Advancing Watershed Health Through Watershed Champions

Progress report for ENC18-169

Project Type: Professional Development Program
Funds awarded in 2018: $74,993.00
Projected End Date: 04/03/2021
Grant Recipient: National Wildlife Federation
Region: North Central
State: Michigan
Project Coordinator:
Adam Reimer
National Wildlife Federation
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Project Information


Modeled on the National Wildlife Federation’s successful Cover Crops Champion program, our new Watershed Champions initiative seeks to improve source water quality for rural Iowa water utilities by 1.) engaging local producers and 2.) increasing conservation practice adoption in the watershed.
Water contamination from nitrates is often linked to the over application of fertilizers and animal manures on private lands, and mitigation can be prohibitively expensive for water utilities (our target audience). Source Water Protection (SWP) plans are an affordable alternative, but utilities often lack the knowledge, capacity, and partnerships to be successful. To address this challenge, National Wildlife Federation (NWF), in partnership with the Conservation Districts of Iowa (CDI) and Practical Farmers of Iowa (PFI), will convene water utilities and Source Water Protection teams in northwestern Iowa to implement Source Water Protection plans.
Through the proposed professional development opportunity, water utility operators will receive in- depth training on coordinating SWP outreach and educating stakeholders, as well as ongoing support from project partners in watershed planning, community engagement, and farmer communication. They will become “Watershed Champions.” Additional tools, such as a communications manual, infographics, and a final report will help ensure Champion success and facilitate transferability to other communities. Following the training, each Champion will launch a two-year pilot project under the guidance of NWF and CDI staff.
With the ultimate goal of improved watershed health, this professional development intervention will give Champions new communication and collaboration development skills, which they will apply in SWP implementation and new farmer partnerships.

Project Objectives:


The purpose of this project is to improve source water quality for rural water utilities in Iowa by engaging local producers and increasing conservation practice adoption in the watershed. Outcomes include:

Short-term Outcome:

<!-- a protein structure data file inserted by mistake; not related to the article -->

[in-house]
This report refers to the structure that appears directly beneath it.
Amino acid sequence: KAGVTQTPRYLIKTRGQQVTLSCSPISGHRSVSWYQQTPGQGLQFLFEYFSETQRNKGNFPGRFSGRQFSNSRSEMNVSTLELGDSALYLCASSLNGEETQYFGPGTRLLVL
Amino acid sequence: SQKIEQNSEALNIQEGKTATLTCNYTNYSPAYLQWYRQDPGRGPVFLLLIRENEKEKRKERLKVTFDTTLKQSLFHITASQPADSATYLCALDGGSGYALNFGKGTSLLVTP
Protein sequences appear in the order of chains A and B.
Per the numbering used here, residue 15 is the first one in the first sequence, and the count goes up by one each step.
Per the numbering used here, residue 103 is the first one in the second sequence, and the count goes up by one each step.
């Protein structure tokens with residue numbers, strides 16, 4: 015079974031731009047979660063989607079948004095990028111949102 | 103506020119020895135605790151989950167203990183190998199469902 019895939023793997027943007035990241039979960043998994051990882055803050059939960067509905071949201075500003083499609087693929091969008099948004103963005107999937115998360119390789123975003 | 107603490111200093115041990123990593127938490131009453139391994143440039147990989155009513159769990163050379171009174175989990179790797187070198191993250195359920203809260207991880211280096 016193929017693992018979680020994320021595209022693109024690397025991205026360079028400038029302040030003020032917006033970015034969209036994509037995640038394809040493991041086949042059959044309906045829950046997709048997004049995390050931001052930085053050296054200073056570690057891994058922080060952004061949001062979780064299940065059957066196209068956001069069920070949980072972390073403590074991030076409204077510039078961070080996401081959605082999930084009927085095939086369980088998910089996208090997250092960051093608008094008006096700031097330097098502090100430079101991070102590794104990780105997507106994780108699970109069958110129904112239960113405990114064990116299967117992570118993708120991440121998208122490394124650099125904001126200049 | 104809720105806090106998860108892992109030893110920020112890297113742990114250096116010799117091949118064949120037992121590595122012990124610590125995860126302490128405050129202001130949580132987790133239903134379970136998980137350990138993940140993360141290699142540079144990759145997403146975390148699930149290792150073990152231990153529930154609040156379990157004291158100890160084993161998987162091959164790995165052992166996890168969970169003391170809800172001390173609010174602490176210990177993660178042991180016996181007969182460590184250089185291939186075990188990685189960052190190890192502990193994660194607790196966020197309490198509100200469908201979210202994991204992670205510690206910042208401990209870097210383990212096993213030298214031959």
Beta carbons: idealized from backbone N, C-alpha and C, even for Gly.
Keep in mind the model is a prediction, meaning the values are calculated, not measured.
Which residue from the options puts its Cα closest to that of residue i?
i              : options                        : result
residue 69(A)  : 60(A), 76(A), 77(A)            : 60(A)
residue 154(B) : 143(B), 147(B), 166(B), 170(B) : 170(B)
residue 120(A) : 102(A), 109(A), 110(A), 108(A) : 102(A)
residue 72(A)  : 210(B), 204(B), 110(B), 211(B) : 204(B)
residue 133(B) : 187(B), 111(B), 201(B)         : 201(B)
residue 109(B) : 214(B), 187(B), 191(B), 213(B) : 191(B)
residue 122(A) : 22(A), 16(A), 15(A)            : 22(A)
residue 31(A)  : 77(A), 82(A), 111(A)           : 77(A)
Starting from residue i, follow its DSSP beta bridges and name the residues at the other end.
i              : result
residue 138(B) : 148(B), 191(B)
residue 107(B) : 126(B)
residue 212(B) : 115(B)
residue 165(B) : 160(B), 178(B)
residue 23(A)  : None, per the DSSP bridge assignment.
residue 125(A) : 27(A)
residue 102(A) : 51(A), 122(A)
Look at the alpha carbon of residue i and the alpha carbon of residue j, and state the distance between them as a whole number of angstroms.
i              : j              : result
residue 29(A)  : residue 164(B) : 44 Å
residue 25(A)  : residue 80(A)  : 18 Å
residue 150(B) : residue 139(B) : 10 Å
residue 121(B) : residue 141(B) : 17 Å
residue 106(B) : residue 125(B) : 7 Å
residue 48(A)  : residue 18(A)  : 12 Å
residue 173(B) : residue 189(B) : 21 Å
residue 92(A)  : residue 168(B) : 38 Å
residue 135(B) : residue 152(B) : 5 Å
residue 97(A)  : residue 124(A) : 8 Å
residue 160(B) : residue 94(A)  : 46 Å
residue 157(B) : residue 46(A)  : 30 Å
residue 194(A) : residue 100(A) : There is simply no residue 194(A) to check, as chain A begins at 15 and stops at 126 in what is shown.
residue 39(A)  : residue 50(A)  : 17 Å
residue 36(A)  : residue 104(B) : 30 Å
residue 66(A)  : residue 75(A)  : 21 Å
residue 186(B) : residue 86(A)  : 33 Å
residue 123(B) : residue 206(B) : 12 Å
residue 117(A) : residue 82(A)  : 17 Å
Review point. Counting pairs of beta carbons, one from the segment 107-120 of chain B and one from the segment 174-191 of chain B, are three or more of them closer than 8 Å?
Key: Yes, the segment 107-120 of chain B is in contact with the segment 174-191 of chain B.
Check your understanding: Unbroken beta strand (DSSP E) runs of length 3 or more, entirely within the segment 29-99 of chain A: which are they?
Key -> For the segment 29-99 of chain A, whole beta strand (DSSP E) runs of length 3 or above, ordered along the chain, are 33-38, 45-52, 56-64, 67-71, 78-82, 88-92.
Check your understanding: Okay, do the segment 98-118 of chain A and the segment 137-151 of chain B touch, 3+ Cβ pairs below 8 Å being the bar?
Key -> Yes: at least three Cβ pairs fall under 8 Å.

Champions demonstrate new communication knowledge and improved partnership development skills as evidenced by participant survey. Key success indicators include: number of individuals who received training; number of participants who gain or increase knowledge, awareness, and skills about sustainable agriculture topics, practices, strategies, approaches; number of participants who intend to use knowledge in existing or new programming.

Intermediate Outcome:

Champions apply new knowledge through SWP implementation and develop new partnerships with farmers as evidenced by participant survey. Key success indicators include: percentage increase in the number of partnerships pre- and post-training; number of participants who incorporate information from project into new education programs; number of farmers reached through project programs.

Long-term outcome:

Watershed conditions are improved as evidenced by farmer implementation of conservation practices listed in the SWP plans. Key success indicator includes: number of producers who adopt sustainable systems, approaches, and practices; number of acres, animals, or other production units affected by adoption.


Advancing Watershed Health through Watershed Champions

Progress Report

October 2018—December 2019

We have made significant progress toward completing the goals and objectives of this project. We have successfully formed working relationships with three communities in western Iowa to serve as Watershed Champions. These Champions have begun working on outreach efforts aimed at engaging farmers in source water protection efforts through conservation practice adoption. We have continued to support these outreach efforts with the assistance of the Conservation Districts of Iowa (CDI), a statewide conservation organization. This ongoing support has involved periodic check-in’s with Champions and in-person trainings.